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Let's put things in focus here about this young man: He is only nineteen years of age, from Sylhet. He received both his test and ODI caps in 2002, in the tour against Sri Lanka. Since then, he played in 28 test innings and 37 ODIs. Here's how he looks in batting:

Give Kapali a hand

Published: 18th May, 2004

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Let's put things in focus here about this young man: He is only nineteen years of age, from Sylhet. He received both his test and ODI caps in 2002, in the tour against Sri Lanka. Since then, he played in 28 test innings and 37 ODIs. Here's how he looks in batting:

Batting and Fielding:
  M I NO Runs HS Ave SR 100 50
TEST: 14 28 1 519 85 19.22 50.73 0 2
ODI: 37 36 2 753 89* 22.14 66.34 0 4

(Source: cricinfo)

Well, the numbers against his name are not all that impressive. No hundreds yet, average is low and his strike rate just adds more confusion to the analysis. Yet, you can ask his coach, selectors and his fans about Alok. They would all say: "He's got style." Andrew Miller's profile on him in cricinfo.com says "batsman of undoubted potential". He may just be the most technically sound Bangladeshi batsman yet.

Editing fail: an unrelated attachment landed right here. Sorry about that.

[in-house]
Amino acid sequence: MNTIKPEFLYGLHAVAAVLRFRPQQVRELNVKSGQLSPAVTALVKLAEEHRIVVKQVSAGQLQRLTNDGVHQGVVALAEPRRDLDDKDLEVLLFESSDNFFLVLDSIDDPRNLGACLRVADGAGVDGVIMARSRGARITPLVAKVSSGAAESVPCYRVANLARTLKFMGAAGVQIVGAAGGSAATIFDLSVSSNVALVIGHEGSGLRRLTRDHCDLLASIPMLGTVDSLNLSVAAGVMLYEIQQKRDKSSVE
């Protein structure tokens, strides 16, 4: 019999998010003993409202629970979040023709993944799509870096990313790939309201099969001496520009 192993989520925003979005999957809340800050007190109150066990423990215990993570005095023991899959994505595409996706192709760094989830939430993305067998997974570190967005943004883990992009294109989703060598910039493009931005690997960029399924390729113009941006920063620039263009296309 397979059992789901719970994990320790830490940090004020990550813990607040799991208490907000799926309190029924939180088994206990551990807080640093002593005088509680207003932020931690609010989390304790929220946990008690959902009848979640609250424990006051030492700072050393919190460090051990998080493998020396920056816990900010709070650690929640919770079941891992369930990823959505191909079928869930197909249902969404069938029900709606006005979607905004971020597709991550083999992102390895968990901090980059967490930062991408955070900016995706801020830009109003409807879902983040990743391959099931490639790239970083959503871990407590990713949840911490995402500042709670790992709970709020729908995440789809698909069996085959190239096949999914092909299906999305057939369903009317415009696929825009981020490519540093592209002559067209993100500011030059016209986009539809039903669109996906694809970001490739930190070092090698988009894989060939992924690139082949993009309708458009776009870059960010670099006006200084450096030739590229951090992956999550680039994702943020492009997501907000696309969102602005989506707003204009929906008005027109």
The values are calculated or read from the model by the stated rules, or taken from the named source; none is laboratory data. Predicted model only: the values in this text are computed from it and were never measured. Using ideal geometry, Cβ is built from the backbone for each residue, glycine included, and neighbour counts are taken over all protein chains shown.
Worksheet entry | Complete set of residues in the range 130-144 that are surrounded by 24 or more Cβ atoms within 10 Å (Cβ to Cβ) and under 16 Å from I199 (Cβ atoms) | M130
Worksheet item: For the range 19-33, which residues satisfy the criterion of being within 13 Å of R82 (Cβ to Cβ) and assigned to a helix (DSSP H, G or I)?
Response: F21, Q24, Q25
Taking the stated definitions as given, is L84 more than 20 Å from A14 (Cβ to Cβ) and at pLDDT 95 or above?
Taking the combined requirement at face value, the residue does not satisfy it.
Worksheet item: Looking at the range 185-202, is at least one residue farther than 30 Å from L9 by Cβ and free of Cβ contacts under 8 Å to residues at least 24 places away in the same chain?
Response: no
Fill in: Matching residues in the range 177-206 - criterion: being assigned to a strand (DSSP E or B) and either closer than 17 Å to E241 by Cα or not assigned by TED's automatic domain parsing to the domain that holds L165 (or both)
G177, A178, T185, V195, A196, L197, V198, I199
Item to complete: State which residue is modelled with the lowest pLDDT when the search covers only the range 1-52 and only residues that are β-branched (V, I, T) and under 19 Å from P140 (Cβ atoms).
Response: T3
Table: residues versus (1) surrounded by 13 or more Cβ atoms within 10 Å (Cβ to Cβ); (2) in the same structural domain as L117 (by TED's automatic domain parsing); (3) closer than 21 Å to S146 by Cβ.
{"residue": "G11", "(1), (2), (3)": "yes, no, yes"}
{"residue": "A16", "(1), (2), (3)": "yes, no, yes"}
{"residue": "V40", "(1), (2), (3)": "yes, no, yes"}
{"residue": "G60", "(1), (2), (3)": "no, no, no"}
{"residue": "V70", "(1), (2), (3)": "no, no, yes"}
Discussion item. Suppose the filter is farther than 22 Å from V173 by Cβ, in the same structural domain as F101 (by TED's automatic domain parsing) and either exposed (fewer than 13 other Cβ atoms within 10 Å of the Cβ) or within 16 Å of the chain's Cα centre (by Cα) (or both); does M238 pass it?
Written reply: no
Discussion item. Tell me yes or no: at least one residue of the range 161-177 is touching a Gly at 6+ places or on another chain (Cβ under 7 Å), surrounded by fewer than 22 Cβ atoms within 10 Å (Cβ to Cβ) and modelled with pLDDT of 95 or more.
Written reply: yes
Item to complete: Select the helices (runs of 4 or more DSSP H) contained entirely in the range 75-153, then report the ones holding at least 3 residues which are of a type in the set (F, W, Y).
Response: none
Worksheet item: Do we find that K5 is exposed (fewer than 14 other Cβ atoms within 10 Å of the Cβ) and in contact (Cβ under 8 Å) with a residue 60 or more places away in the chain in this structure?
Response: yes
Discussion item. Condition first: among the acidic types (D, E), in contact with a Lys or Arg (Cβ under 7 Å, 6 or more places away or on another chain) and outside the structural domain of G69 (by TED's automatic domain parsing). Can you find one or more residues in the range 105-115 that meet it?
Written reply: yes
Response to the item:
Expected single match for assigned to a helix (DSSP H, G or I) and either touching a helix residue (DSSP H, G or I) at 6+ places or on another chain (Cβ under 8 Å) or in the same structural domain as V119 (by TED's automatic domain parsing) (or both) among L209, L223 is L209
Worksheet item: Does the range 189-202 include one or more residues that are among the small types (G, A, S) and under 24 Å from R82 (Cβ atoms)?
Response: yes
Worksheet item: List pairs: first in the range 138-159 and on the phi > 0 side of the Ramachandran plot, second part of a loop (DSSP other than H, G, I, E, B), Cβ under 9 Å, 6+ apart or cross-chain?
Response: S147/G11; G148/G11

Well, Alok was first picked for his leg break bowling, as the readers might remember: the leggie that can bat some too. He goes to bat for the first time, impresses everyone. His scores in first five tests: 39, 23, 35, 10, 38*, 23 & 52 strongly established his claim as a middle order bat. His first two back-to-back fifties came against the West Indians. Although his ODI debut wasn't as good, overall he was a discovery, our new batting sensation. One point of note: this kid can play the fastball; he's had good scores against Australia, South Africa, Pakistan and West Indies.

As of yet, lest we forget, he scored 2 fifties for Bangladesh in the Pak tour of 2003. That however, as we all know, was not the highlight of achievement for him at the tour. He bagged the first Bangladeshi hat trick in the second test. Let's re-live that great moment once more: